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The actual run stretches from the corral at Santo Domingo where the bulls are kept, to the bullring where they will fight that same afternoon. 

The length of the run is 825 metres and the average time of the run from start to finish is about three minutes. 


Image: Revellers hold up red scarves during the start of the San Fermin Festival
Photographs: Vincent West/Reuters
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The streets through the old town, which make up the bull run are walled off so the bulls can't escape. 

Each day six fighting bulls run the route as well as two herds of bullocks.


Image: Revellers are sprayed with wine during the start of the San Fermin Festival
Photographs: Eloy Alonso/Reuters
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The tension builds as the release of the bulls approaches and at 8 am sharp a rocket is fired to confirm that the gate has been opened at the Santo Domingo corral. 

Runners dressed in white with a red hankerchief around their necks pray to San Fermin then a second rocket announces that the bulls have left. The bulls and the runners then proceed along the route.


Image: A fighting bull falls during the second day of the running of the bulls
Photographs: Denis Doyle/Getty Images
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The most dangerous part of the bullrun approaches as there's a closed curve leading into Estafeta, which is the longest stretch of the run.

Next comes a small section of Duque de Ahumada, which is known as the Telefonica stretch. 


Image: A reveller falls next to a steer during the first bull run
Photographs: Eloy Alonso/Reuters
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The last stretch is also very risky as the route leads into a dead end street providing access to the Bull Ring.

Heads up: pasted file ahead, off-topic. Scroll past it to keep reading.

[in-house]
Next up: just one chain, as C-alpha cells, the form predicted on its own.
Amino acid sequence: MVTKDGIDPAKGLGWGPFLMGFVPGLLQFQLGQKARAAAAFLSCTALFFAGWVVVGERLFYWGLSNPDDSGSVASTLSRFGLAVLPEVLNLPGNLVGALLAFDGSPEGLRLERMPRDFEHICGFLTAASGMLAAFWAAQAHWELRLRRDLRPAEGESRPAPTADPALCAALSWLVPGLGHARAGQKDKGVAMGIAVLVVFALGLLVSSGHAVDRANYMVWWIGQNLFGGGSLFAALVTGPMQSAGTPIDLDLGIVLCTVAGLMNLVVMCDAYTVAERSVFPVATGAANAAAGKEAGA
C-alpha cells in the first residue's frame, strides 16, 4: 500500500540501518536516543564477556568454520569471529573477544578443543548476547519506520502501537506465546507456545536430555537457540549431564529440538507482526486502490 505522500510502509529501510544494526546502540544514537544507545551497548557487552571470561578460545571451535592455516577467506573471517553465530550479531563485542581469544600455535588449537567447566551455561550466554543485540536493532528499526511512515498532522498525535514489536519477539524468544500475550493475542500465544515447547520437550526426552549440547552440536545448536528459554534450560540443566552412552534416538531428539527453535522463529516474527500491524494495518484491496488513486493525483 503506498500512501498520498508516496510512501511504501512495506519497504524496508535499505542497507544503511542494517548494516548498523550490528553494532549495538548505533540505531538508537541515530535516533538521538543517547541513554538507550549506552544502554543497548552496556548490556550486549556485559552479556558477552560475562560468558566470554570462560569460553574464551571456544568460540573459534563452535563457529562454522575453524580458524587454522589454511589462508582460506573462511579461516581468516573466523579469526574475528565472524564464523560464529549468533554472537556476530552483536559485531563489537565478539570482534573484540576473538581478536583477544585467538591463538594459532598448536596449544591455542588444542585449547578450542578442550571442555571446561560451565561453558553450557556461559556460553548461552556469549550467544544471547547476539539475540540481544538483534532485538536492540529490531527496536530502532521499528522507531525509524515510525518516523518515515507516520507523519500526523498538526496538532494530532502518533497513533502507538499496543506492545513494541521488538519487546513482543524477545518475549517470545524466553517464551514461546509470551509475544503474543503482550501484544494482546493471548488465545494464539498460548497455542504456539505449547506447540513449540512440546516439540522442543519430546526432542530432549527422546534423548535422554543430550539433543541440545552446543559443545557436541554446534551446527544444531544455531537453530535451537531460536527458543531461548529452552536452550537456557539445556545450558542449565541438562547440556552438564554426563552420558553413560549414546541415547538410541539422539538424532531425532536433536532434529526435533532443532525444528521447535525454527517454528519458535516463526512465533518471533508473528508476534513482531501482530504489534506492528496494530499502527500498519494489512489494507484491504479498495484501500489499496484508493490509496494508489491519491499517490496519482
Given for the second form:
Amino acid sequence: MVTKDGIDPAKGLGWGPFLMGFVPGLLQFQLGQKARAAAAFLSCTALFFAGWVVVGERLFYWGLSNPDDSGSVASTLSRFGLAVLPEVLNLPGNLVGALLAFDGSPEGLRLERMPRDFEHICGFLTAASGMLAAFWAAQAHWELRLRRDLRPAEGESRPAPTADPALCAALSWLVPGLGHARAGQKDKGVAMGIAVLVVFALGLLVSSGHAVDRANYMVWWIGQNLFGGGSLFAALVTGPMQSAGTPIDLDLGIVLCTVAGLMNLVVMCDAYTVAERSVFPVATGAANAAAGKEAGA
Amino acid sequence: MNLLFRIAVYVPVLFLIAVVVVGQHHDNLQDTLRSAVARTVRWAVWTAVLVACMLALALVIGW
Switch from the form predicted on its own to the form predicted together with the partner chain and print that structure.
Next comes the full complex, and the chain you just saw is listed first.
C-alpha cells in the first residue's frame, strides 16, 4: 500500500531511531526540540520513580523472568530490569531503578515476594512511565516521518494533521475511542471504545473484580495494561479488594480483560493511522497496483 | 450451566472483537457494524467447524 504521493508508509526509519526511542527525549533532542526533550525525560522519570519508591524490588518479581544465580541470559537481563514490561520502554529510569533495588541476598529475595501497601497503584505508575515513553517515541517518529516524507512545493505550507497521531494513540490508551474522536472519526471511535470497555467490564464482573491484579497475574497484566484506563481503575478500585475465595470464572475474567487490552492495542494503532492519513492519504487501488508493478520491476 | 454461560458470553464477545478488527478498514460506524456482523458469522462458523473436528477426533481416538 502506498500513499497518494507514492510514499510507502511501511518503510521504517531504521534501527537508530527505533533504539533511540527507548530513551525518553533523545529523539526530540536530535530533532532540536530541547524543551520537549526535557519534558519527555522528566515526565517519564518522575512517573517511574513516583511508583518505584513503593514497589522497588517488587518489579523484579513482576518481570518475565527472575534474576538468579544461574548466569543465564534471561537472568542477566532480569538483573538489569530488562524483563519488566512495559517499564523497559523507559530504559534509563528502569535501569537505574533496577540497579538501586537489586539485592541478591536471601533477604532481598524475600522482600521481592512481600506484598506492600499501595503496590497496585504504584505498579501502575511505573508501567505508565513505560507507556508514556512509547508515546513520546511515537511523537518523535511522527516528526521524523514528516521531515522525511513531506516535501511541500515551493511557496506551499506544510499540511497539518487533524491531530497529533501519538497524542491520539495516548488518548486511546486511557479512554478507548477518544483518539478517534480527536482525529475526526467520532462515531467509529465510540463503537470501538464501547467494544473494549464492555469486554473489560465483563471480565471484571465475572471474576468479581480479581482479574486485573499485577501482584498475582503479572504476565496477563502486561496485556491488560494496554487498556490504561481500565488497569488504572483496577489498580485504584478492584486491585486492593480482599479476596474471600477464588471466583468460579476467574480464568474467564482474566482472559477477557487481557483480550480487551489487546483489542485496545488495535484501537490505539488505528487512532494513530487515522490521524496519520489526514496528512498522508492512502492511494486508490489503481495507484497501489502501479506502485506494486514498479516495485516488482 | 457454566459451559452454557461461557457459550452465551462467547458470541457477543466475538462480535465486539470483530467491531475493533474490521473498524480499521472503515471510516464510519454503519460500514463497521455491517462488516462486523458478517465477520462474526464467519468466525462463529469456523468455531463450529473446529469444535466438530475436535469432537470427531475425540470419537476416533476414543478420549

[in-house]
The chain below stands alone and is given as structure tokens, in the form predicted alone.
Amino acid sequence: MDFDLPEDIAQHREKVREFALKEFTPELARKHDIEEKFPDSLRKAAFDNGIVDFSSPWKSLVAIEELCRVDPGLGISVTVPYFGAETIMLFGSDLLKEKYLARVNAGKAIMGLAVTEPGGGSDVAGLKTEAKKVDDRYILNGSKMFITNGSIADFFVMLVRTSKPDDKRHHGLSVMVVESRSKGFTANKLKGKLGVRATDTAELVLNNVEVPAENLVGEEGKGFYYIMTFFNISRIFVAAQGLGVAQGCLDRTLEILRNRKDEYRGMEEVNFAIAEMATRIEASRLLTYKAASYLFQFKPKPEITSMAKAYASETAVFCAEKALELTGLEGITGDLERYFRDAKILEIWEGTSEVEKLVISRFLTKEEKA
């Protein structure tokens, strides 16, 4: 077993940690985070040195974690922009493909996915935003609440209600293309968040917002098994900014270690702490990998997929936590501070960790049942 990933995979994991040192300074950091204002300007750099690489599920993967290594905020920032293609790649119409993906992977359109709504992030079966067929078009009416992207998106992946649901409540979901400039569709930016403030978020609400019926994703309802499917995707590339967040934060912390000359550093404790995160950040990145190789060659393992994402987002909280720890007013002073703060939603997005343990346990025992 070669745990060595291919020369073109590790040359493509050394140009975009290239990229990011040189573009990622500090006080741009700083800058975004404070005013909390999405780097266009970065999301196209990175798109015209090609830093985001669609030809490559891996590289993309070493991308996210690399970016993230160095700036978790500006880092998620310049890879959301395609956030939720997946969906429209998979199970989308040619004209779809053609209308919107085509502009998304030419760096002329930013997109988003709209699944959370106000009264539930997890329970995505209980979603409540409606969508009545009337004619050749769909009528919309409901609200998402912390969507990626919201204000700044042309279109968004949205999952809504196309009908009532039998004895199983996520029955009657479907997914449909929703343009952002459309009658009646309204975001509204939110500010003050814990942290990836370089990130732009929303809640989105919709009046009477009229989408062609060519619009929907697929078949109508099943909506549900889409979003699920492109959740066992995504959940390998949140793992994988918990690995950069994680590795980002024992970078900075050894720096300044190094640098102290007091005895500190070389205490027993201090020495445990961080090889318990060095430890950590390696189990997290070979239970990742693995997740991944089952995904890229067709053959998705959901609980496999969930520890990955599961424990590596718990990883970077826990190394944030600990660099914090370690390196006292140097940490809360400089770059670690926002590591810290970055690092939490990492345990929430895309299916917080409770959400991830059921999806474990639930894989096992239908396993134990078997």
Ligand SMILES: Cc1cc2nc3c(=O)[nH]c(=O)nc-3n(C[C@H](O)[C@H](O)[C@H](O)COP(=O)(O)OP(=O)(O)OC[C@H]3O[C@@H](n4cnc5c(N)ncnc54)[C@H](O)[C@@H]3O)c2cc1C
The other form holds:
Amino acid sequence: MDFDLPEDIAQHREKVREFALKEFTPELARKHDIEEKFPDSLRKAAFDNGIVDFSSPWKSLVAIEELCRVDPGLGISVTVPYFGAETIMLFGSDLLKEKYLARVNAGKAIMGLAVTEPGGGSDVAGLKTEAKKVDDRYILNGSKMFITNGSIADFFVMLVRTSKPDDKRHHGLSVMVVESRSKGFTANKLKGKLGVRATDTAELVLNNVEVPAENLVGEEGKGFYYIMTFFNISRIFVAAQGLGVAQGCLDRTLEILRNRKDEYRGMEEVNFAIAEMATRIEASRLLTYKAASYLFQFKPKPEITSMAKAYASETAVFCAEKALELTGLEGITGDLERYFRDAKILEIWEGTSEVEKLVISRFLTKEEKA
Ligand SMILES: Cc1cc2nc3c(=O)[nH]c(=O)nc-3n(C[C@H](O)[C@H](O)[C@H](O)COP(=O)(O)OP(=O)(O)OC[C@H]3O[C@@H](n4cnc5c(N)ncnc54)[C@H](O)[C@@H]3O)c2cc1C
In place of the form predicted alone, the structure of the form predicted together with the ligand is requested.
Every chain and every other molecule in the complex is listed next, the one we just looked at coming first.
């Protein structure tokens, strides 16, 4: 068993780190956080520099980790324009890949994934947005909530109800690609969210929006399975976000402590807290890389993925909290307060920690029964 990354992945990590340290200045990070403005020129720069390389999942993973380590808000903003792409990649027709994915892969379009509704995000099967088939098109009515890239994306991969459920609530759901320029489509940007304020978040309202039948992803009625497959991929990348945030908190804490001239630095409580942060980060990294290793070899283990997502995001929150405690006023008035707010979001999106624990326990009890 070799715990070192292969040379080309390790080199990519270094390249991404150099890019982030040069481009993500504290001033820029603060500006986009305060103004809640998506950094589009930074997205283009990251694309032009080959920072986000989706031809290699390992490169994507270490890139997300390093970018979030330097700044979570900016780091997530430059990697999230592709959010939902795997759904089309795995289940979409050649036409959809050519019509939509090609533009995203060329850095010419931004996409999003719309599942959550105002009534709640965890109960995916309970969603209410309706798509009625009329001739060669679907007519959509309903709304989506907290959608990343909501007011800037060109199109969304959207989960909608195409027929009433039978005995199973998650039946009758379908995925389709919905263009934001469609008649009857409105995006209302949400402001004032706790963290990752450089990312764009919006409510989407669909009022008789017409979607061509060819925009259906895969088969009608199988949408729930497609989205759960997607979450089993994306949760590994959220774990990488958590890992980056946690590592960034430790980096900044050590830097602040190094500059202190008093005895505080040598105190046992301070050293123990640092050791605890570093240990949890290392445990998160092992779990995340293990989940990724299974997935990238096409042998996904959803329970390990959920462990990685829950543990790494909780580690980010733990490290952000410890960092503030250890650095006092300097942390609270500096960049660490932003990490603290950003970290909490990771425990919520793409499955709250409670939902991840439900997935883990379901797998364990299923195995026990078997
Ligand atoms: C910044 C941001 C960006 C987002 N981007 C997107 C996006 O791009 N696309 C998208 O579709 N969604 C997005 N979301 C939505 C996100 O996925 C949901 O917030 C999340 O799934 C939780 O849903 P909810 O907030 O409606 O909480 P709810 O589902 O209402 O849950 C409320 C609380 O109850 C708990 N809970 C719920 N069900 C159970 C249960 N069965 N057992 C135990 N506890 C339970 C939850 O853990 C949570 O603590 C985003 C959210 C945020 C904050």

A third rocket is set off once all the bulls have entered the bullring and the fourth, and final, rocket means that the bulls are now in the bullpen and the bullrun has finished.


Image: A reveller sleeps on the street after the first bull run
Photographs: Susana Vera/Reuters
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The vast number of people taking part in the bullrun nowadays adds to the already considerable danger of running alongside wild bulls weighing in the region of 700kg each. 

Too many drunks taking part also increase the risks for everybody. 


Image: Rejoneador (bullfighter on horseback) Roberto Armendariz performs at the San Fermin Festival
Photographs: Joseba Etxaburu/Reuters
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There are plenty security guards and first aid personnel but there is little they can do during the running of the bulls such that 15 people have died and over 200 been seriously injured since 1924.

A great alternative is to get yourself onto a balcony overlooking the bullrun. You might be lucky enough to meet someone who invites you onto their terrace


Image: Revellers are showered with water during the start of the San Fermin Festival
Photographs: Eloy Alonso/Reuters